We also work with our Student Development Team to help you find out about further work experience, internships, placements, and voluntary opportunities.

Entry requirements

UK entry requirements

A-levels: BBB, including one essay-based subject

BTEC: DDM, depending on subject studied - advice on acceptability can be provided.

IB: 30 points or three Higher Level certificates with 555, including a Higher Level essay-based subject grade 5.
We are also happy to consider a combination of separate IB Diploma Programmes at both Higher and Standard Level. Exact offer levels will vary depending on the range of subjects being taken at higher and standard level, and the course applied for. Please contact the Undergraduate Admissions Office for more information.

Access to HE Diploma: 45 Level 3 credits at Merit or above.

Flexible offers
Eligible applicants that choose us as their firm choice by the relevant deadline will be able to take advantage of a flexible offer. This offer will specify alternative entry requirements than those published here so, if your final grades aren’t what you had hoped for, you could still secure a place with us. Visit our undergraduate application information page for more details.

International & EU entry requirements

We accept a wide range of qualifications from applicants studying in the EU and other countries. Get in touch with any questions you may have about the qualifications we accept. Remember to tell us about the qualifications you have already completed or are currently taking.

Sorry, the entry requirements for the country that you have selected are not available here. Please select your country page where you'll find this information.

English language requirements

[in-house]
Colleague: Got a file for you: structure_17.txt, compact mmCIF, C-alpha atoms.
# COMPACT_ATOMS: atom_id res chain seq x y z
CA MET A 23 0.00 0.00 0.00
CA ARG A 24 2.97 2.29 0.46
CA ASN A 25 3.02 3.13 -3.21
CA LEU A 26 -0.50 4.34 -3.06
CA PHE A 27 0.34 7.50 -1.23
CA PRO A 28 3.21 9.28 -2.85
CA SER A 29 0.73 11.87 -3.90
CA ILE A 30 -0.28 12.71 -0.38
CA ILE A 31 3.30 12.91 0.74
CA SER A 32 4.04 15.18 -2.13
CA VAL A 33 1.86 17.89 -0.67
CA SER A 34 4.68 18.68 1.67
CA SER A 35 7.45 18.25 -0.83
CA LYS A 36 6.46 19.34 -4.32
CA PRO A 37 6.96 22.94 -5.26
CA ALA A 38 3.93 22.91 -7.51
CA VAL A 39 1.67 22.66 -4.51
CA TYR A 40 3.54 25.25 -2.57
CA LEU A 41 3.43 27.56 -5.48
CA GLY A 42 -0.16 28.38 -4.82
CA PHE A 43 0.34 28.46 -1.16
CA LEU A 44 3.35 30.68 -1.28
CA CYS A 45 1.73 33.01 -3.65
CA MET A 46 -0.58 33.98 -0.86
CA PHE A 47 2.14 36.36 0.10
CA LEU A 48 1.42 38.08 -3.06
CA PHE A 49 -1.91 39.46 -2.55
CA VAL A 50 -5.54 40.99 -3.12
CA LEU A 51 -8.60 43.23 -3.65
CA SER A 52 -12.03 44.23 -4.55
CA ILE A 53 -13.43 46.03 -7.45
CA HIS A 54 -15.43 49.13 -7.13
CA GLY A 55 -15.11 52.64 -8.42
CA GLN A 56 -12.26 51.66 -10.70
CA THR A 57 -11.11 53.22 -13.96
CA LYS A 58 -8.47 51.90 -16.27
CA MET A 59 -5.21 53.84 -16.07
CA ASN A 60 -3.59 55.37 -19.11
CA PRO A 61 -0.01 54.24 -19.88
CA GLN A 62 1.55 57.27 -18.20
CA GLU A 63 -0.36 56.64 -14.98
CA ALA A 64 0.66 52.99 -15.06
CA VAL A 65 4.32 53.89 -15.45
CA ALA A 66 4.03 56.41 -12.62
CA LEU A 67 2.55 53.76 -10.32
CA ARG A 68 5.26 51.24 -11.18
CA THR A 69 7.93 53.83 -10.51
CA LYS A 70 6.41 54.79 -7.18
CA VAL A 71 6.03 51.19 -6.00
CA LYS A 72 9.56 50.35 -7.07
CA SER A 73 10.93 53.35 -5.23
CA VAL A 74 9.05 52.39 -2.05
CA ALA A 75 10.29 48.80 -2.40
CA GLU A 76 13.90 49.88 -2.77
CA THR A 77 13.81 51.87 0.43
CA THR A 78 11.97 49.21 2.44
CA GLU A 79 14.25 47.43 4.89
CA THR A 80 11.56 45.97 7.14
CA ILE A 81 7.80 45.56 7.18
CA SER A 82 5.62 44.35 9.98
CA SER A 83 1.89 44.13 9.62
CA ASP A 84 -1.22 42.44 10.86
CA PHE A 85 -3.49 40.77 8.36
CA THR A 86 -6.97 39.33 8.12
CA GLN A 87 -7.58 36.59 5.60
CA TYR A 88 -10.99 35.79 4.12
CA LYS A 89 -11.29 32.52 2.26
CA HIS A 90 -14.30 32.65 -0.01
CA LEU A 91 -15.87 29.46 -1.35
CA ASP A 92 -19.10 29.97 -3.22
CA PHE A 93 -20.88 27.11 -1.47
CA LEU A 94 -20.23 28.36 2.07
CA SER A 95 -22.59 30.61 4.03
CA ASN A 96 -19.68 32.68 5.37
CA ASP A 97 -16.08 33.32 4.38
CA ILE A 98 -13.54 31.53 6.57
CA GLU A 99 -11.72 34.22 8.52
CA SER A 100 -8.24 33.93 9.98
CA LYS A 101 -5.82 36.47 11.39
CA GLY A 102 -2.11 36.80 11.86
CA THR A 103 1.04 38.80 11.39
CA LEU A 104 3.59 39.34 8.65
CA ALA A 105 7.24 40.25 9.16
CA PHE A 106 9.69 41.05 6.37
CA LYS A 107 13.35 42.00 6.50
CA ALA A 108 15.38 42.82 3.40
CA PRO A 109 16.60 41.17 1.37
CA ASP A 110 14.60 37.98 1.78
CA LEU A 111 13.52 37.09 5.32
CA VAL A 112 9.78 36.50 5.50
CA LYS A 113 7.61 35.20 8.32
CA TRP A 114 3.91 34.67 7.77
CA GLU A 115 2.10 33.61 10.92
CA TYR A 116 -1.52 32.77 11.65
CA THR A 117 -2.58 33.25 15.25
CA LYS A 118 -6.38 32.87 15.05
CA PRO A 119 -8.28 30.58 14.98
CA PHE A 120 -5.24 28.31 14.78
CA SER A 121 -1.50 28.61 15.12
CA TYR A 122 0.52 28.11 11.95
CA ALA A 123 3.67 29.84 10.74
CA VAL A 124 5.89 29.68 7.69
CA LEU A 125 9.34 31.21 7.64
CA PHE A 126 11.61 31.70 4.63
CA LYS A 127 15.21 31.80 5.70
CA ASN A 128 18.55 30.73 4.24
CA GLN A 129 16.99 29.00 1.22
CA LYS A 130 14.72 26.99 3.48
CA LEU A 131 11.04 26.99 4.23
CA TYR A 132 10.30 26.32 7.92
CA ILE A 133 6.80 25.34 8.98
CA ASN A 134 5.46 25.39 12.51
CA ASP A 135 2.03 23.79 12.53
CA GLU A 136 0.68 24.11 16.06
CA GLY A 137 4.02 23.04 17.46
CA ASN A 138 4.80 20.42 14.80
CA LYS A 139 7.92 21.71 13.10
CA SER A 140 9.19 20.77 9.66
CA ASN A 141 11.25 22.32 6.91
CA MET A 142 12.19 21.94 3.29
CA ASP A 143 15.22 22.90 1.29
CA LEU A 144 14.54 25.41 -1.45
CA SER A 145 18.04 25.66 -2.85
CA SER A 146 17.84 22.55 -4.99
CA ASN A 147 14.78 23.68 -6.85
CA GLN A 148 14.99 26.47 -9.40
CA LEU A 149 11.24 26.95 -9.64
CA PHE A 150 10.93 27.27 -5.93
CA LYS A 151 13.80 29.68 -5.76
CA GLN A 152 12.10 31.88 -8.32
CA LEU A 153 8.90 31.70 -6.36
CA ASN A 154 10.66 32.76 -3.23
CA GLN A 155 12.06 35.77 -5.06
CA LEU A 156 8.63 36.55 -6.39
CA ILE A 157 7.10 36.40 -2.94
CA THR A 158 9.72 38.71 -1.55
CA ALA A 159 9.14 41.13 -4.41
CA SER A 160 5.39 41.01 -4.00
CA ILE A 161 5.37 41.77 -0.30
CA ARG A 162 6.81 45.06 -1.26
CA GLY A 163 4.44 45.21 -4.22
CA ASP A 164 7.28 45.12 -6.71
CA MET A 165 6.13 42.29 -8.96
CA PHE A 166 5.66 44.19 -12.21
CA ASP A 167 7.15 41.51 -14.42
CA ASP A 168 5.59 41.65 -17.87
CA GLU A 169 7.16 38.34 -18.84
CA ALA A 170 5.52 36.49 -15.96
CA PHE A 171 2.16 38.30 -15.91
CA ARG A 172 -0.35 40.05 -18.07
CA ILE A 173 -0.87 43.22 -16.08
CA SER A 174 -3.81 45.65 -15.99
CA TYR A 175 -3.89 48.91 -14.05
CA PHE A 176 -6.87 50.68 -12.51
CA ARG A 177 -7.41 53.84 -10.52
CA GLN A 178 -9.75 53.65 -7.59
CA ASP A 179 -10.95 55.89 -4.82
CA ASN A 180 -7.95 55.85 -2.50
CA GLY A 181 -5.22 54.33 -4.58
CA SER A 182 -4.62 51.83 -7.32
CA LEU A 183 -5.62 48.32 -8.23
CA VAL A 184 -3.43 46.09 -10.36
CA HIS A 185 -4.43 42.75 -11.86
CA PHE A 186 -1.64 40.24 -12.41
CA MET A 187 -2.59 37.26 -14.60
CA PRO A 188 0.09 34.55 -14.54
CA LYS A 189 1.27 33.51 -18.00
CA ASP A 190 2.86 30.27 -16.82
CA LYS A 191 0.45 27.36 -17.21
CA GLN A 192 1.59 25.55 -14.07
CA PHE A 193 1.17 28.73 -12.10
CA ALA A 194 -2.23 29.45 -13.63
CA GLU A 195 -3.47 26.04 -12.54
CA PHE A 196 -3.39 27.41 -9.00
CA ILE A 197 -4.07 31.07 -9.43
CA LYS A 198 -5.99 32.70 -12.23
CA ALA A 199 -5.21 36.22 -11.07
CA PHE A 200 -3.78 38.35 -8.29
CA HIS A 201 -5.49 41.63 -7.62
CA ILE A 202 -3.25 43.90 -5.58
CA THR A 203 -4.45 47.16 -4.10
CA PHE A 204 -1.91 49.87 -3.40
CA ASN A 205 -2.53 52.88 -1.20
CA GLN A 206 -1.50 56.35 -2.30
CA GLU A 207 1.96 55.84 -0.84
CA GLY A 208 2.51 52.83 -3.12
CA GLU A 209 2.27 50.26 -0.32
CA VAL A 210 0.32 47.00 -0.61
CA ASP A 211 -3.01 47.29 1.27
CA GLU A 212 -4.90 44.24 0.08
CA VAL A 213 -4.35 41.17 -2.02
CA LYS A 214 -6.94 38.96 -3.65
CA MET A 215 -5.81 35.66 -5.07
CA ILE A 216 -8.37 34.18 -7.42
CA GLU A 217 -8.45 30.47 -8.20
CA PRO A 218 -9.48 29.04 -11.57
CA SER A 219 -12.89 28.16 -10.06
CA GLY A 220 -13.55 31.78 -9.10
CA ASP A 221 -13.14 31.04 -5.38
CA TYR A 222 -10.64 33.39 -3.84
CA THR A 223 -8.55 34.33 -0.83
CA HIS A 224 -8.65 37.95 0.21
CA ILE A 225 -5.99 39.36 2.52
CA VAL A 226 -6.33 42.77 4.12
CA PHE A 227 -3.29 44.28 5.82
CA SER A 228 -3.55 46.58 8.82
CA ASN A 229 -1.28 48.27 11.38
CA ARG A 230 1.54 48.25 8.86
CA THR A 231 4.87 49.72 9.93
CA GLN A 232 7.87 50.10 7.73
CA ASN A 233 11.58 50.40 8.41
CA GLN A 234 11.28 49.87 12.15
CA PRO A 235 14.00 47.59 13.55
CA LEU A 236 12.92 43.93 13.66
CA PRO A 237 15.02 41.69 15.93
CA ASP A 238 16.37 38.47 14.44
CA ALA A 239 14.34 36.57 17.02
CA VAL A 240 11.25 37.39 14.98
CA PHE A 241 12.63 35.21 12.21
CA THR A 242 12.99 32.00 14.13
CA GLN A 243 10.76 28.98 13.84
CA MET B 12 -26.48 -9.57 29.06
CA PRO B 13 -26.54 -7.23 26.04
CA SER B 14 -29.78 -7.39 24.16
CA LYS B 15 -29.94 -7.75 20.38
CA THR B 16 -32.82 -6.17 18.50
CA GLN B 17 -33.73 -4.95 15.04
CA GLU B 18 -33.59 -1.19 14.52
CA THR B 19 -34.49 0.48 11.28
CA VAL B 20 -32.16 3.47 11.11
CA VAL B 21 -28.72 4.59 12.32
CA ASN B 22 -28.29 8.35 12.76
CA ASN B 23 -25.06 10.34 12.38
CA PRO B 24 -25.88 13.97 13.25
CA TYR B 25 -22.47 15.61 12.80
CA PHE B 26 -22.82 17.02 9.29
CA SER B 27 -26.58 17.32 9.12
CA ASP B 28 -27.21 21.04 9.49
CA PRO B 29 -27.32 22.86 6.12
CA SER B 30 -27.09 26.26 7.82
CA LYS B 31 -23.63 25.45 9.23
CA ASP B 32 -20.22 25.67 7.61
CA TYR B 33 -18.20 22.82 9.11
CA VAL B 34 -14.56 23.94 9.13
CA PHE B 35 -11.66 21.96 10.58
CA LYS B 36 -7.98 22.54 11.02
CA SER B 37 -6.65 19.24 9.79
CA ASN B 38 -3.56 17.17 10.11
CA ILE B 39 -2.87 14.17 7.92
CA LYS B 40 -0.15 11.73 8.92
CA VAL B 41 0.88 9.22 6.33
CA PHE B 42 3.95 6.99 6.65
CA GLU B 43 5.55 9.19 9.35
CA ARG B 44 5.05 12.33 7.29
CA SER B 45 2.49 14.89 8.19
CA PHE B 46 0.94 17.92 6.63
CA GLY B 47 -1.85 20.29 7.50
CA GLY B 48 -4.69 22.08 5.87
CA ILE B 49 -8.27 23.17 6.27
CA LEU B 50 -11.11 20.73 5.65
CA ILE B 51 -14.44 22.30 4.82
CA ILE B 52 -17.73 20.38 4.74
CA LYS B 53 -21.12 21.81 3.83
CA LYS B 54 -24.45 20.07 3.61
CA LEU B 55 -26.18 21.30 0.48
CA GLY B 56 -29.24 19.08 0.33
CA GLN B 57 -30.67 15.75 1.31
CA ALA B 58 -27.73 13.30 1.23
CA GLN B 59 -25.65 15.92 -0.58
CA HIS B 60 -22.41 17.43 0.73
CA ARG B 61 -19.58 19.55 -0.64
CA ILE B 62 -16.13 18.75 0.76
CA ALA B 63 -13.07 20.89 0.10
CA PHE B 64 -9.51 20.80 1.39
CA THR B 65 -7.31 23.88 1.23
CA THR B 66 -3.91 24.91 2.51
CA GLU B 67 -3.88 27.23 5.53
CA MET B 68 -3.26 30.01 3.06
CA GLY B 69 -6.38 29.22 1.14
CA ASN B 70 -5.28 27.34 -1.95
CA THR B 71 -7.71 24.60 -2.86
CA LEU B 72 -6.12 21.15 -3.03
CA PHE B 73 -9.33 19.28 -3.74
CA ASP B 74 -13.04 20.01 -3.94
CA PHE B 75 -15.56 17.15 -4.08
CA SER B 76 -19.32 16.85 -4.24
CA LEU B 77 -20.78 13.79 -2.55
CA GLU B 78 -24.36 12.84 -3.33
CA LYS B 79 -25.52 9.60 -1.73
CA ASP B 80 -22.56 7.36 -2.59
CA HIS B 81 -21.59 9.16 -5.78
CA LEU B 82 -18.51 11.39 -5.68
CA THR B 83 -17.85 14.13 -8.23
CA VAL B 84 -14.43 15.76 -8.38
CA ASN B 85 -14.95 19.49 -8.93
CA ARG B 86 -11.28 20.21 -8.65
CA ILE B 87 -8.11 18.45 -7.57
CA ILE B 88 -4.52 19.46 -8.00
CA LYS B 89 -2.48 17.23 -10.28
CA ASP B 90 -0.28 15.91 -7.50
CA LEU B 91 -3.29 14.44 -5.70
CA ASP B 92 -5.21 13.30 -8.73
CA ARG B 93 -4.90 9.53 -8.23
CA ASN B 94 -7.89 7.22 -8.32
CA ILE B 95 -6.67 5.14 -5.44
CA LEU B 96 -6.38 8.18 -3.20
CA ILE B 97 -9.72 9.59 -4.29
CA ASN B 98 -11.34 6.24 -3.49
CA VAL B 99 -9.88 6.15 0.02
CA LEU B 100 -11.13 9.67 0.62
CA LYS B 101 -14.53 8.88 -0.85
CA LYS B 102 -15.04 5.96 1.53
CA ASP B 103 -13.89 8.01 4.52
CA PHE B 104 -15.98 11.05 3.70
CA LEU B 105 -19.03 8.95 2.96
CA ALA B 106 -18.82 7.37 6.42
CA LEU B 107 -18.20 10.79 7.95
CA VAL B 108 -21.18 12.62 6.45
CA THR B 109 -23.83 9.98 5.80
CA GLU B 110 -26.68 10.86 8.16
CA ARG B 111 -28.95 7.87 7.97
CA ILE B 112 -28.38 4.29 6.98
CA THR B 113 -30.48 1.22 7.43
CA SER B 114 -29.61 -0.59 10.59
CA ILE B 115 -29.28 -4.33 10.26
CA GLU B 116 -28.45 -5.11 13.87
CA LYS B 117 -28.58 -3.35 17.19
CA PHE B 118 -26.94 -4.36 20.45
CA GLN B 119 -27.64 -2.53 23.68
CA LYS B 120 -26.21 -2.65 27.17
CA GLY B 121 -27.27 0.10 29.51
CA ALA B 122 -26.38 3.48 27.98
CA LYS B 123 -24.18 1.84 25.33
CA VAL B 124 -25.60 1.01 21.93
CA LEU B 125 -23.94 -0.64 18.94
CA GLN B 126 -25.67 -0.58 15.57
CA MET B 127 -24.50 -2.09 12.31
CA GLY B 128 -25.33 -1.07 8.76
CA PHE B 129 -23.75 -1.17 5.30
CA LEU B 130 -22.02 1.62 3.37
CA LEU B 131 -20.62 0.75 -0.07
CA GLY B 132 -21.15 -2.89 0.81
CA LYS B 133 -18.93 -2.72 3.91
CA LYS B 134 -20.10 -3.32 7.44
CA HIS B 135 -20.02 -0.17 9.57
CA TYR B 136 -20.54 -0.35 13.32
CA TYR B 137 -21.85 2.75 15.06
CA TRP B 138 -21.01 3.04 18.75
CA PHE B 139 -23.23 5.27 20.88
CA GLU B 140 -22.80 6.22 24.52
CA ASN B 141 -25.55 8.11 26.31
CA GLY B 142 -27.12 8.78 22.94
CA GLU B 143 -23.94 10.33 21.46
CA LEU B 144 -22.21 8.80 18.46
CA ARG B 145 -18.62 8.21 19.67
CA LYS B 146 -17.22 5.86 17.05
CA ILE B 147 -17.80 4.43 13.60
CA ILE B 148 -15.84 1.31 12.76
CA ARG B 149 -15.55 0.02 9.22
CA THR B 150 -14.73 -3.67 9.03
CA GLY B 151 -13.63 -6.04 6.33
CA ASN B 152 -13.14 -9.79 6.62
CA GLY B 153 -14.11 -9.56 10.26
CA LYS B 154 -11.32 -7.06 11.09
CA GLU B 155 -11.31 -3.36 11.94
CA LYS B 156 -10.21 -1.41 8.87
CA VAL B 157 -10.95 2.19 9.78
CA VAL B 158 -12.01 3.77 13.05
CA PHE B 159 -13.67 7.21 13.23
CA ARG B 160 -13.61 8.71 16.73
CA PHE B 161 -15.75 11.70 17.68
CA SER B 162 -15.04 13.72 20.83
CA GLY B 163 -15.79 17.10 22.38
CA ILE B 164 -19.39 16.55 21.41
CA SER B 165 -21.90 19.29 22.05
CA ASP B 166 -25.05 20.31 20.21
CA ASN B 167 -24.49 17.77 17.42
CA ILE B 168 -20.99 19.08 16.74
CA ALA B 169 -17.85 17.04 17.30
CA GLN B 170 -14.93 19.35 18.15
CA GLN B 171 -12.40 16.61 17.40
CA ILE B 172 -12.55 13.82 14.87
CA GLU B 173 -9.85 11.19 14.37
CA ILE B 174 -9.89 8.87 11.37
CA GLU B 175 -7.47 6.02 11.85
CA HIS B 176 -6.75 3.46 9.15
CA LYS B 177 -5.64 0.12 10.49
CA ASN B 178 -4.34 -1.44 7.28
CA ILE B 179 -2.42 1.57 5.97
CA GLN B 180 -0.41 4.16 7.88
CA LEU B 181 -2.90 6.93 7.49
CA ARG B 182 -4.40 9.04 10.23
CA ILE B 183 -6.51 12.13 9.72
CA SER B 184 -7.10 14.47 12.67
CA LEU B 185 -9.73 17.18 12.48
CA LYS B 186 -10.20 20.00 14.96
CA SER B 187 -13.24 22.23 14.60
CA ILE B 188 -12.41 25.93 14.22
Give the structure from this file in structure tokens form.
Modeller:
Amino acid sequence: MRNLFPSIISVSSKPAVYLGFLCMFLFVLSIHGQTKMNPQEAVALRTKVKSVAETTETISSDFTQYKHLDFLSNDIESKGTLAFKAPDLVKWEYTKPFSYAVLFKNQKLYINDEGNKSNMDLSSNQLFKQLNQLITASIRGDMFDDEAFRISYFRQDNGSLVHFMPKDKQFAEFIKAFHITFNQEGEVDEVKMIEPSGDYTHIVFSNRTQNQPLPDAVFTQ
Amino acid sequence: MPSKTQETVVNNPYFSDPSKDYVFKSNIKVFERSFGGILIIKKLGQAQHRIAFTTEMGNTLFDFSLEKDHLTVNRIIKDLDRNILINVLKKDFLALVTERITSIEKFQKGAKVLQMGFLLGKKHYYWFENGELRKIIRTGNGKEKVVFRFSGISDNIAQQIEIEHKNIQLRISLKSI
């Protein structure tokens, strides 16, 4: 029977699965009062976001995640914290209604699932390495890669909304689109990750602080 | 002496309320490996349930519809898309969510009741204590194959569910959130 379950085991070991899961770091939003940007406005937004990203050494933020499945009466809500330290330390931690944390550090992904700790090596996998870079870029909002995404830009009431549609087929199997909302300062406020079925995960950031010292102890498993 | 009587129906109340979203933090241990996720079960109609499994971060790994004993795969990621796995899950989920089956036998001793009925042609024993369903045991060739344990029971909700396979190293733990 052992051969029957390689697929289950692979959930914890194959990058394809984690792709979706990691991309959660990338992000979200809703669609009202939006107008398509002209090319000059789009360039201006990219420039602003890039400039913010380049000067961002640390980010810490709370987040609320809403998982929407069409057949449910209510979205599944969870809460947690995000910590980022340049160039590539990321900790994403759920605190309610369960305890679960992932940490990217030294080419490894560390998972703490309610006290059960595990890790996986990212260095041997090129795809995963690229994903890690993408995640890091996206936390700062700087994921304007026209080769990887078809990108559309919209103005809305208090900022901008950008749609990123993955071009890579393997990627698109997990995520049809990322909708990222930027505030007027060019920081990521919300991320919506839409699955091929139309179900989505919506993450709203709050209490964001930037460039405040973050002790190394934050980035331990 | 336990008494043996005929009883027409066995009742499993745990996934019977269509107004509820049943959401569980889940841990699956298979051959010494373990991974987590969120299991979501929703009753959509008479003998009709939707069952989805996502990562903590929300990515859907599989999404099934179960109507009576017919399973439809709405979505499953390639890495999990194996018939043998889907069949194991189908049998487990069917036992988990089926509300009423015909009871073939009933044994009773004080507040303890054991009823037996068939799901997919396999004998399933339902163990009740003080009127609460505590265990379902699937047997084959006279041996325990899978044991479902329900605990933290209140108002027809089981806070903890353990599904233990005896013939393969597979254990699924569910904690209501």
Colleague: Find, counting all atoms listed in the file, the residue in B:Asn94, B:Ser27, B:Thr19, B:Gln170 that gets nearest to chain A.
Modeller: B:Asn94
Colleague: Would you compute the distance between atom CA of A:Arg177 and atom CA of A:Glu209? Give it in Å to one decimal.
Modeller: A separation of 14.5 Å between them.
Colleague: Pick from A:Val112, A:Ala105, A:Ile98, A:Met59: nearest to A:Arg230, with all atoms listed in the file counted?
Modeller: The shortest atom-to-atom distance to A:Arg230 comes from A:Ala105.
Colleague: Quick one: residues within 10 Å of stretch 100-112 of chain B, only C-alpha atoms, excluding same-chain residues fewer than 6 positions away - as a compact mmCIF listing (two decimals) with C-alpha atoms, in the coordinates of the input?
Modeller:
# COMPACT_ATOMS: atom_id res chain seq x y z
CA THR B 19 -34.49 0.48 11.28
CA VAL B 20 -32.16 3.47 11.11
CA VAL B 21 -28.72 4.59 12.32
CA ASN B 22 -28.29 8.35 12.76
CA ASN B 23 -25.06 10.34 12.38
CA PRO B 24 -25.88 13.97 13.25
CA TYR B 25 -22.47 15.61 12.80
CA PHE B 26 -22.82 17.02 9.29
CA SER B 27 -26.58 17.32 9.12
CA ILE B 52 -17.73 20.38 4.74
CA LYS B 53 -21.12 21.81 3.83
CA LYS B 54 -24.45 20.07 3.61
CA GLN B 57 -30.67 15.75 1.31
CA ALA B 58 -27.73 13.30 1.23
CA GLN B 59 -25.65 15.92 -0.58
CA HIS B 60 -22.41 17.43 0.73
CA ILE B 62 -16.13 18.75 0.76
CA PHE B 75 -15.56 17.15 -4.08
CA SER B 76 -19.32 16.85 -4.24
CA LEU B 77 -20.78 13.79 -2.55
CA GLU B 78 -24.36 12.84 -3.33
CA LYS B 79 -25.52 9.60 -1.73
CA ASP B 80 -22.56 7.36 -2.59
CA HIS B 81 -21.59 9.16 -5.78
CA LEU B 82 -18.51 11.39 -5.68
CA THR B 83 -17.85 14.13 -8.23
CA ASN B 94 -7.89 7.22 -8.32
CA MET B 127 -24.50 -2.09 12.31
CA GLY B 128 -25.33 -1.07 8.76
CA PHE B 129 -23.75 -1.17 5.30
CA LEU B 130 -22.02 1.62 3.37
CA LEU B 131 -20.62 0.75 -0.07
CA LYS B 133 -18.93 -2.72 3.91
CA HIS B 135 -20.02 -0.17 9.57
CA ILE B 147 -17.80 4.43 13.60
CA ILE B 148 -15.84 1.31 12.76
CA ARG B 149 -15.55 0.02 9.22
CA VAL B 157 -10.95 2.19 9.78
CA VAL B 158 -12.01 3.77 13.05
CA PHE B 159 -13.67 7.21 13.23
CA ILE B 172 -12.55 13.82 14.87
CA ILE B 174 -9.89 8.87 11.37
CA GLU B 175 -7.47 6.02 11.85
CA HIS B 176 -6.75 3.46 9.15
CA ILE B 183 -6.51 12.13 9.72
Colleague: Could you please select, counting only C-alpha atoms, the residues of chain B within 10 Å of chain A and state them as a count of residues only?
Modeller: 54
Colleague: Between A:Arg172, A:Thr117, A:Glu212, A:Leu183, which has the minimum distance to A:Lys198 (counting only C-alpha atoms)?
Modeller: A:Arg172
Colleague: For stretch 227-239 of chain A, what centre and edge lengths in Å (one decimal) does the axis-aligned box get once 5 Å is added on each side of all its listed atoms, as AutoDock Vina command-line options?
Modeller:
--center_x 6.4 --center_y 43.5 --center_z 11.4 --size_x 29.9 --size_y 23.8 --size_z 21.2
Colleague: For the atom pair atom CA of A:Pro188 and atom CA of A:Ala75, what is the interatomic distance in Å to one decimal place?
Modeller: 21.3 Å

English language requirements for applicants whose first language is not English: IELTS 6.0 overall. Different requirements apply for second year entry, and specified component grades are also required for applicants who require a Tier 4 visa to study in the UK.

Other English language qualifications may be acceptable so please contact us for further details. If we accept the English component of an international qualification then it will be included in the information given about the academic levels listed above. Please note that date restrictions may apply to some English language qualifications

If you are an international student requiring a Tier 4 visa to study in the UK please see our immigration webpages for the latest Home Office guidance on English language qualifications.

If you do not meet our IELTS requirements then you may be able to complete a pre-sessional English pathway that enables you to start your course without retaking IELTS.

Structure

Example structure

We offer a flexible course structure with a mixture of compulsory and optional modules chosen from lists. Below is just one example structure from the current academic year of a combination of modules you could take. Your course structure could differ based on the modules you choose.

Our research-led teaching is continually evolving to address the latest challenges and breakthroughs in the field, therefore all modules listed are subject to change. To view the compulsory modules and full list of optional modules currently on offer, please view the programme specification via the link below.

Modern Revolutions in Science, Politics, and Culture

Certain ideas shape the way we see ourselves and the world around us—ideas like democracy, free speech, individualism, free markets, and humans rights. These ideas took their definitive modern form during a politically and intellectually revolutionary stretch of history known as the Enlightenment (ca. 1650-1800). This interdisciplinary module examines this period and thus serves as an essential prerequisite for students who want to understand the intellectual currents that run through the world they live in. Graduating students often rank it among the most useful modules they’ve taken.

View Modern Revolutions in Science, Politics, and Culture on our Module Directory

Skills for University Studies

Making the transition from school to University studies can be challenging. This module will introduce you to University life and enable you to acquire the study skills to make a success of your degree. It also orients you to work, volunteering and extra-curricular activities so that you can acquire additional skills and experience while you study.

View Skills for University Studies on our Module Directory

Introduction to International Relations